Friday, July 20, 2007
And I'm even linking to Hollihan!
Your humble Cracker has been invited to speak THIS Saturday at a Dutch Treat Luncheon sponsored by the Main Street Journal. It will be held at The Butcher Shop on Germantown Parkway just south of Walnut Grove from 11:30 A.M. to 12:45 P.M.
The topic is The Role of New Media (Internet & Blogging) in Memphis Politics, and I will be joined on the panel by Richard Thompson of Mediaverse, Tom Jones of Smart City Memphis, and ABC24/CW30's Cameron Harper.
It looks like a good time will be had by all, so come on out, grab a bite to eat, and listen to a great discussion!
Thursday, July 19, 2007
What angers me is how the investigation was mishandled by the WMPD and by the prosecutor's office in Jonesboro. Go hit the link to find out the rest of the story...
Wednesday, July 18, 2007
Her premise is simple: don't just say you're running AGAINST Mayor Herenton, tell us what you are FOR, and how you intend to do it. Go check it out!
Tuesday, July 17, 2007
First, he does a terrific job of covering our visit to MIFA last night to hear John Edwards speak more about defeating poverty than his own Presidential candidacy, and Rick also provide pictures, while Vibinc provides video links in the comments.
Then, he throws a giant FLAMING SPEAR into Kathryn Bowers' front yard, with a post that advises you that he is not exactly weeping over her plea acceptance. I want you to read it all, so I'm not even going to excerpt it, just click on the link. Keep it rolling, bro, that's good work, even if I'm a wee bit more sympathetic; I completely understand, though.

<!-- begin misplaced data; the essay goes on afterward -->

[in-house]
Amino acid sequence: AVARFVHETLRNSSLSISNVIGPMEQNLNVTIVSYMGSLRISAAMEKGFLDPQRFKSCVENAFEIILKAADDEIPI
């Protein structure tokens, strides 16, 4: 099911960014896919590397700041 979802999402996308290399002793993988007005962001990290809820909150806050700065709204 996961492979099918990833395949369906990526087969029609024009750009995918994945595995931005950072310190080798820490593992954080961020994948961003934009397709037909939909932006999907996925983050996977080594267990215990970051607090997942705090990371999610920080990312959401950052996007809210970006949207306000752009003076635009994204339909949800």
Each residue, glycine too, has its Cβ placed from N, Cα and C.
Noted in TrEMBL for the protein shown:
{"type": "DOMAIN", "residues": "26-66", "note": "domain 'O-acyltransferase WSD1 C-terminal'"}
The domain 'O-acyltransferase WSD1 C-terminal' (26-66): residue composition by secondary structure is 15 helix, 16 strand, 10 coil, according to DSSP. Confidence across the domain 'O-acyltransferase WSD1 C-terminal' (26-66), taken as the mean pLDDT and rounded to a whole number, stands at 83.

UPDATE: NOW he goes after David Vitter, and be forewarned, he has a picture up that could fry your retinas, but go there any way!
Monday, July 16, 2007
I am grateful for the outpouring of support that I have received since last week's announcement of the Draft A C movement. I had said previously that I had no interest in running for the mayor of Memphis, but because of the hundreds and hundreds of e-mails, phone calls, and faxes that I received from citizens in every corner of my city, I felt that l owed it to them to revisit my decision and to weigh once again all the factors involved it.
Some of these factors included family considerations, timing, and the impact on the community, but in the end, there was one factor that I simply could not ignore - I am in the right job at the right time to help Memphis themost.
The county mayor is the highest elected office in our region,representing the hopes and dreams of 912,000 people. Shelby County Government is one of the largest local governments in the entire country, and it is in the role as its mayor that I can have the most profound and lasting impact on Memphis.